The Midnight Gang by David Walliams
Ill. by Tony Ross. Harper Collins Children's Books, 2016. ISBN
(Age: Independent readers) Themes: Humour; Hospitals/Illness; Hope; Adventure; Friendship. Walliams has created a great story that is Dahl-esque in style and quality, and fun for all ages. The children in the Children's Ward at Lord Funt Hospital are at the mercy of horrible adults with gross manners and unpleasant personalities (except for the unfortunate but caring Porter). Despite their illnesses and injuries they band together as The Midnight Gang to give themselves hope and joy . . . and a Midnight adventure. Young Tom, whose unlucky cricket injury has caused his Hospital excursion, has escaped his horrible existence at his very expensive but oppressive boarding school for medical care and has become the latest participant in the adventure at Midnight. This is a story of the power of friendship and hope, despite the pressures of the adult world around the children, and the gravity of illness. And their adventures are just wonderful! The image of the 99-year old dementia patient floating off over London with her misappropriated collection of helium balloons is delightful!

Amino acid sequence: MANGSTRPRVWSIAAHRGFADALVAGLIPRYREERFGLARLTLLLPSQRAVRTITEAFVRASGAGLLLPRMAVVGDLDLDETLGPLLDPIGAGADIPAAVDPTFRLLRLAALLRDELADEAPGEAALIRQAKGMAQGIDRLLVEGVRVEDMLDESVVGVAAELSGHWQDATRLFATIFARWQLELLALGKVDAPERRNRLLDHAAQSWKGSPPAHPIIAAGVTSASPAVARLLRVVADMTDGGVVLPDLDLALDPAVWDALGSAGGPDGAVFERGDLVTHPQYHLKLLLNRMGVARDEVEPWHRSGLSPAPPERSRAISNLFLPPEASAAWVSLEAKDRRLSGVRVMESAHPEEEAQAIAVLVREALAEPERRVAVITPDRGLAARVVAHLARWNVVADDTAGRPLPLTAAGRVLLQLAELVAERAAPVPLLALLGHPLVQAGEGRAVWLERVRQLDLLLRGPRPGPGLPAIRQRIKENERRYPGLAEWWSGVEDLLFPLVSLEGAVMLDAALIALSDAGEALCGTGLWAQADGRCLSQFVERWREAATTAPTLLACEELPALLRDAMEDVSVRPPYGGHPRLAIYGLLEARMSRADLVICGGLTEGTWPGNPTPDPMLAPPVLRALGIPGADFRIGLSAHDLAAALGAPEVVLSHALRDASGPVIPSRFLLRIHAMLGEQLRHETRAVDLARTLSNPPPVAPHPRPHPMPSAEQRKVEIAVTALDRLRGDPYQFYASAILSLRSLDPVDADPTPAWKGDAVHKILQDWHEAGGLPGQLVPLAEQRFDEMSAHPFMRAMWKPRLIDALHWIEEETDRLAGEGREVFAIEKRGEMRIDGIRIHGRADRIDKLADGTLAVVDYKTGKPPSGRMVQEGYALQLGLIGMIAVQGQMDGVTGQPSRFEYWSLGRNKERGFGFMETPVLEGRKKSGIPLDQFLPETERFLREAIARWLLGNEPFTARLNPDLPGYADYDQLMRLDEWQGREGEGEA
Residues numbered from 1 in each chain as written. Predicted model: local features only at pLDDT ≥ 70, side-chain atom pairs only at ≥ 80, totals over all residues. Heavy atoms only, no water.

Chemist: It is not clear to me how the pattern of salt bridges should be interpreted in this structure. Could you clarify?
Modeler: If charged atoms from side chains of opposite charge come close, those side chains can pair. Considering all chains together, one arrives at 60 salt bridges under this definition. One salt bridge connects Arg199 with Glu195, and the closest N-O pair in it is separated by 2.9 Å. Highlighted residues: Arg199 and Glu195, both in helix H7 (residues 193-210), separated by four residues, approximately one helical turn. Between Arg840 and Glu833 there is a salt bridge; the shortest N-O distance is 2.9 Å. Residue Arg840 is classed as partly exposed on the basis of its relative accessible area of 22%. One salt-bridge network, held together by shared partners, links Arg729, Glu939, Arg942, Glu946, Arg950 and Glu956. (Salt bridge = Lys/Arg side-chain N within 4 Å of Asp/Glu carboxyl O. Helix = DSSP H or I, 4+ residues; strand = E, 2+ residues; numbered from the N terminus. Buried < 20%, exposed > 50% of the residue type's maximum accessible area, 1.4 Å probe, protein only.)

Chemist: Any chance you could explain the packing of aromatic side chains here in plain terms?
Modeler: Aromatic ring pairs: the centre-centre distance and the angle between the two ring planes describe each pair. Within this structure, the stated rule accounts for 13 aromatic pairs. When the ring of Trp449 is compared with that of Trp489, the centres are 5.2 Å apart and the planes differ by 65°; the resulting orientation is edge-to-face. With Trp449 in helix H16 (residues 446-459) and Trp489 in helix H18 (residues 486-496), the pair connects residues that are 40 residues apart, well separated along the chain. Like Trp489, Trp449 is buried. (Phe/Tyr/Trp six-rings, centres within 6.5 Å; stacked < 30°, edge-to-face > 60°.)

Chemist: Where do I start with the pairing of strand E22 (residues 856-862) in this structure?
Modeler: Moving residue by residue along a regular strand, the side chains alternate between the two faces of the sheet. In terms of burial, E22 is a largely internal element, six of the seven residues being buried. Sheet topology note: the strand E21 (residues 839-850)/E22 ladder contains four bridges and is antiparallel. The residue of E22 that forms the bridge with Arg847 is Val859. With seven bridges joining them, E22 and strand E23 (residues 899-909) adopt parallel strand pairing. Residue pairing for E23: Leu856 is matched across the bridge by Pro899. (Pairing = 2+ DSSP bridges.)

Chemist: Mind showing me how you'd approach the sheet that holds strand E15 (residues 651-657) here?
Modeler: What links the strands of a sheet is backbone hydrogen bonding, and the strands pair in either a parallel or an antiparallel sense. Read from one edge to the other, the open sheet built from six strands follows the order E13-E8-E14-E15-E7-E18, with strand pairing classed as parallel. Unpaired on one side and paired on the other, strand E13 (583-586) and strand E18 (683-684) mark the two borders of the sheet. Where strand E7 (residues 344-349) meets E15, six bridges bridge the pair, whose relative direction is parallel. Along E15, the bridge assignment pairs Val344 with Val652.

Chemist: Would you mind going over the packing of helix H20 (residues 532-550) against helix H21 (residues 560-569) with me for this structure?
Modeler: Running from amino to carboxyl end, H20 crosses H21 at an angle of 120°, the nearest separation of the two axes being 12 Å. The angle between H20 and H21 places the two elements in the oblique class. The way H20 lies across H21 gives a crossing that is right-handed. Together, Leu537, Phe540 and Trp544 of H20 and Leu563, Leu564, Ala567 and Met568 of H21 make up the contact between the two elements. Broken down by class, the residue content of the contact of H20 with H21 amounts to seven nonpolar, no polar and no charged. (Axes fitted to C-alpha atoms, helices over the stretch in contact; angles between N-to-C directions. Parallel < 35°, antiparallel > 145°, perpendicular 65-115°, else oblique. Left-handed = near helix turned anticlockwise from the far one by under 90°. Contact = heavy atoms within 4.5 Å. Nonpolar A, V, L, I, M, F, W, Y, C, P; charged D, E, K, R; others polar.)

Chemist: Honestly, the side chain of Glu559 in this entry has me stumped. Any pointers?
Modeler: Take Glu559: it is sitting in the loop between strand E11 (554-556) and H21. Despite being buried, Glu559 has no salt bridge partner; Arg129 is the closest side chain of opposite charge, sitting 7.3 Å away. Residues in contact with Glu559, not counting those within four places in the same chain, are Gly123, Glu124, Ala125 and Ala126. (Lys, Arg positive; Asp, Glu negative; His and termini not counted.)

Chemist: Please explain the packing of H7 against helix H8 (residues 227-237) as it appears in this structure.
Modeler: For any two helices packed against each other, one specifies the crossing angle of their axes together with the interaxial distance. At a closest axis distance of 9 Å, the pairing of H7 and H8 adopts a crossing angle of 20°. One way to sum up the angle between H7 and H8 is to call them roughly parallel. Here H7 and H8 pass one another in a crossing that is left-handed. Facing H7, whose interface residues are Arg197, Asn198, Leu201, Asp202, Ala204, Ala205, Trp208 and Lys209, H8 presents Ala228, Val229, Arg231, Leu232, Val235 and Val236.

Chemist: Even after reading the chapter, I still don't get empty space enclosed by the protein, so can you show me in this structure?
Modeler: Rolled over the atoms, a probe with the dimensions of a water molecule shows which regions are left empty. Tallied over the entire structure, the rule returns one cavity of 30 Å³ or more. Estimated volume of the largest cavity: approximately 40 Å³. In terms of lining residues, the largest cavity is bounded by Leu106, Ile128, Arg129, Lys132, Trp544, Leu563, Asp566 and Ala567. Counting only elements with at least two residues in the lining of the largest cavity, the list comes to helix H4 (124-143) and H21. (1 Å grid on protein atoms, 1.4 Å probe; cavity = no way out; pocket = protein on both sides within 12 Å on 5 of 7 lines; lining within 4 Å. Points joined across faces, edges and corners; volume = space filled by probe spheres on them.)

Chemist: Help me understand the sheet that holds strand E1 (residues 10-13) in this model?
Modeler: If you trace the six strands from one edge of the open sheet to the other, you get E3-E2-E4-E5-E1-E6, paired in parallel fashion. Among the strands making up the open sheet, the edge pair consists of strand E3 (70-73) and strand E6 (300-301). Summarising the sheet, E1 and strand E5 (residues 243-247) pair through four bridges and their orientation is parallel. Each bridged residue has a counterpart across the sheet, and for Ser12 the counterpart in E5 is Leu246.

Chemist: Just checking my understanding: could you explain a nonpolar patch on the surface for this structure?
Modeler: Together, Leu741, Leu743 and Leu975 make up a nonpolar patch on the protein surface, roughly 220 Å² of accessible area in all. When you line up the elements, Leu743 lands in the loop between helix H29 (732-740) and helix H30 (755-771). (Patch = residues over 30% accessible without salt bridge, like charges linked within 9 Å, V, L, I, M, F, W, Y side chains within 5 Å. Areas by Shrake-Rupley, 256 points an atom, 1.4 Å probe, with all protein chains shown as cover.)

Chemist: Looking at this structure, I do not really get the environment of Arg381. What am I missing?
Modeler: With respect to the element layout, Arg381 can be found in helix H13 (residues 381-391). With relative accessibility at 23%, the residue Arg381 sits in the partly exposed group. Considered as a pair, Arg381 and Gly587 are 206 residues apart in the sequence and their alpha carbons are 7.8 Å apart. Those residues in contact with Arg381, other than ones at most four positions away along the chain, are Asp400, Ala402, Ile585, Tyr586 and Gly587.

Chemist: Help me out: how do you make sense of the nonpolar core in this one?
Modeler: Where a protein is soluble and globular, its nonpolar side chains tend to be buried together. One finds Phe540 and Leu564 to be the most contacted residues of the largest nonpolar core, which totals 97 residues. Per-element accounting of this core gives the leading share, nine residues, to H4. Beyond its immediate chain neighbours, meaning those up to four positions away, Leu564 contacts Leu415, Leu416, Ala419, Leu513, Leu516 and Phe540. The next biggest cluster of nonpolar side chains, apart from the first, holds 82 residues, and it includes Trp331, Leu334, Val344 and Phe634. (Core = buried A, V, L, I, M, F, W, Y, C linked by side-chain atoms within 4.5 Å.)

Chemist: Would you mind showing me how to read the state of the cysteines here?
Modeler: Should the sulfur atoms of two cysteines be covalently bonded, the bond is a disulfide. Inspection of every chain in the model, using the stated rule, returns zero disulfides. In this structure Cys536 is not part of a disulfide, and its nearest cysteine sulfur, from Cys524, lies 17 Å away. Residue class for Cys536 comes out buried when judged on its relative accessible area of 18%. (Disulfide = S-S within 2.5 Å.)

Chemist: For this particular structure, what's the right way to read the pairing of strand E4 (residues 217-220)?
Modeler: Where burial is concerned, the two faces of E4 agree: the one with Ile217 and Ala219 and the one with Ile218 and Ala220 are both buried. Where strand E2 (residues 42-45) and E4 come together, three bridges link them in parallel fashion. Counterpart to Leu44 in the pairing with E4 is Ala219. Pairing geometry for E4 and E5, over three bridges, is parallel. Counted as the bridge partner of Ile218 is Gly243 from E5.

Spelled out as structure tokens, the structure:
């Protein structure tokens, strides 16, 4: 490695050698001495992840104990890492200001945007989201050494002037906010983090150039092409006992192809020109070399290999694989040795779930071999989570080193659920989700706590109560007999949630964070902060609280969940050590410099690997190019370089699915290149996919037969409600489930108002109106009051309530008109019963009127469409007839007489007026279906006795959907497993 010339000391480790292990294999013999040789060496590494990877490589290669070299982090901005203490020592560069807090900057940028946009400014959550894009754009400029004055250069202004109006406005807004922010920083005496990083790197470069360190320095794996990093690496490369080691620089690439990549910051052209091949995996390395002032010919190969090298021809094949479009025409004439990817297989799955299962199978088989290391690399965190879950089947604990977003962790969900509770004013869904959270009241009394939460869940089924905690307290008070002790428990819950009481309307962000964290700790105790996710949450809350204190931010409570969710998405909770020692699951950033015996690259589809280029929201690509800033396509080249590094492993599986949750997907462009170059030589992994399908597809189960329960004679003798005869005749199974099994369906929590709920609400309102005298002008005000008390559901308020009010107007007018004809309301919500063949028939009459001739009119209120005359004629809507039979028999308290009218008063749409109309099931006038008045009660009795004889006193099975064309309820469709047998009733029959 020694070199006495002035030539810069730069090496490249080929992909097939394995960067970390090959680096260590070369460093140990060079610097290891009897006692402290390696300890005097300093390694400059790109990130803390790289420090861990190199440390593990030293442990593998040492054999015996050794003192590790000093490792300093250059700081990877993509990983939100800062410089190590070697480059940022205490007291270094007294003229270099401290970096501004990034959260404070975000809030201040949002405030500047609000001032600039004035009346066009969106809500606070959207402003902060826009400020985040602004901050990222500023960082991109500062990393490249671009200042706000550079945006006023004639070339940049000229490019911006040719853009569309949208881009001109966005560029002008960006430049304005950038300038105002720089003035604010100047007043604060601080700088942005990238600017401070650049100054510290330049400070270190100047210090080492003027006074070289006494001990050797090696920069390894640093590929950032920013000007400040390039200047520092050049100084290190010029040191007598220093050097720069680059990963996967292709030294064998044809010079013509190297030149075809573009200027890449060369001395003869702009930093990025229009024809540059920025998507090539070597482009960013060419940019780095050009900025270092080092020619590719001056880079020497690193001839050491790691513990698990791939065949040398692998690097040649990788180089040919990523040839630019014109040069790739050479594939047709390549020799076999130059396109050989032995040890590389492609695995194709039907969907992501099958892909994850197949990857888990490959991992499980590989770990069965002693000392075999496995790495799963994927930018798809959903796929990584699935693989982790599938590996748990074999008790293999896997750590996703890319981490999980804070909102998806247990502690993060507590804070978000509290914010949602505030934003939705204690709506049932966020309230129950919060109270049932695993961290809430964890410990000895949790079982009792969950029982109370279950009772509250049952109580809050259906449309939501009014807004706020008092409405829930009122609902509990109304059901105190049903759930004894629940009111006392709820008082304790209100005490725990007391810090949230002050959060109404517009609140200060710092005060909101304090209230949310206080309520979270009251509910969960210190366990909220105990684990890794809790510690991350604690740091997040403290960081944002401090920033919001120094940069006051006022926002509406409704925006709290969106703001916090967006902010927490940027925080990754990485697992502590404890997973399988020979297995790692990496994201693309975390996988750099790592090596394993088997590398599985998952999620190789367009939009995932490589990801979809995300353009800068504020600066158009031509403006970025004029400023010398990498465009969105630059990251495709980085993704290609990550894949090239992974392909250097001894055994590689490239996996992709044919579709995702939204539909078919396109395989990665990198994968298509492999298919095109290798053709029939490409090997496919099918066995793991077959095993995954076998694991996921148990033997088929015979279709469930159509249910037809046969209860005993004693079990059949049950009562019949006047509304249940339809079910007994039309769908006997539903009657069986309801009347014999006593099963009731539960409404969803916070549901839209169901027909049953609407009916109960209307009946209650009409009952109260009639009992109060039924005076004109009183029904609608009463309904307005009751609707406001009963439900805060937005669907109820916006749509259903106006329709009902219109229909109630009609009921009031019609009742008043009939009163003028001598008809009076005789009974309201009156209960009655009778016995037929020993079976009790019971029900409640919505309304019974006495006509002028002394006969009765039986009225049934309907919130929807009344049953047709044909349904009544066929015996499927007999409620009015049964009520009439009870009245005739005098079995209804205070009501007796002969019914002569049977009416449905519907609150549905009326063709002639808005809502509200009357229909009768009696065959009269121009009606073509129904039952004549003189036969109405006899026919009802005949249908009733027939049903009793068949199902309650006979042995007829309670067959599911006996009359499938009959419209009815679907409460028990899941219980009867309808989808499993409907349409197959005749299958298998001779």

Walliams has written this with considerable comedic flair and the book will appeal to readers who also love Roald Dahl's dark humour, but there is also the potential to see a message hidden beneath the light-hearted (and almost farcical) imaginary journey. Tony Ross's cartoon-like illustrations add quirky and extremely humourous visual detail to the text. This is a book that independent readers will love, but would also make an enjoyable 'shared text' read by a teacher or parent to an eager listener keen to hear a 'funny story'.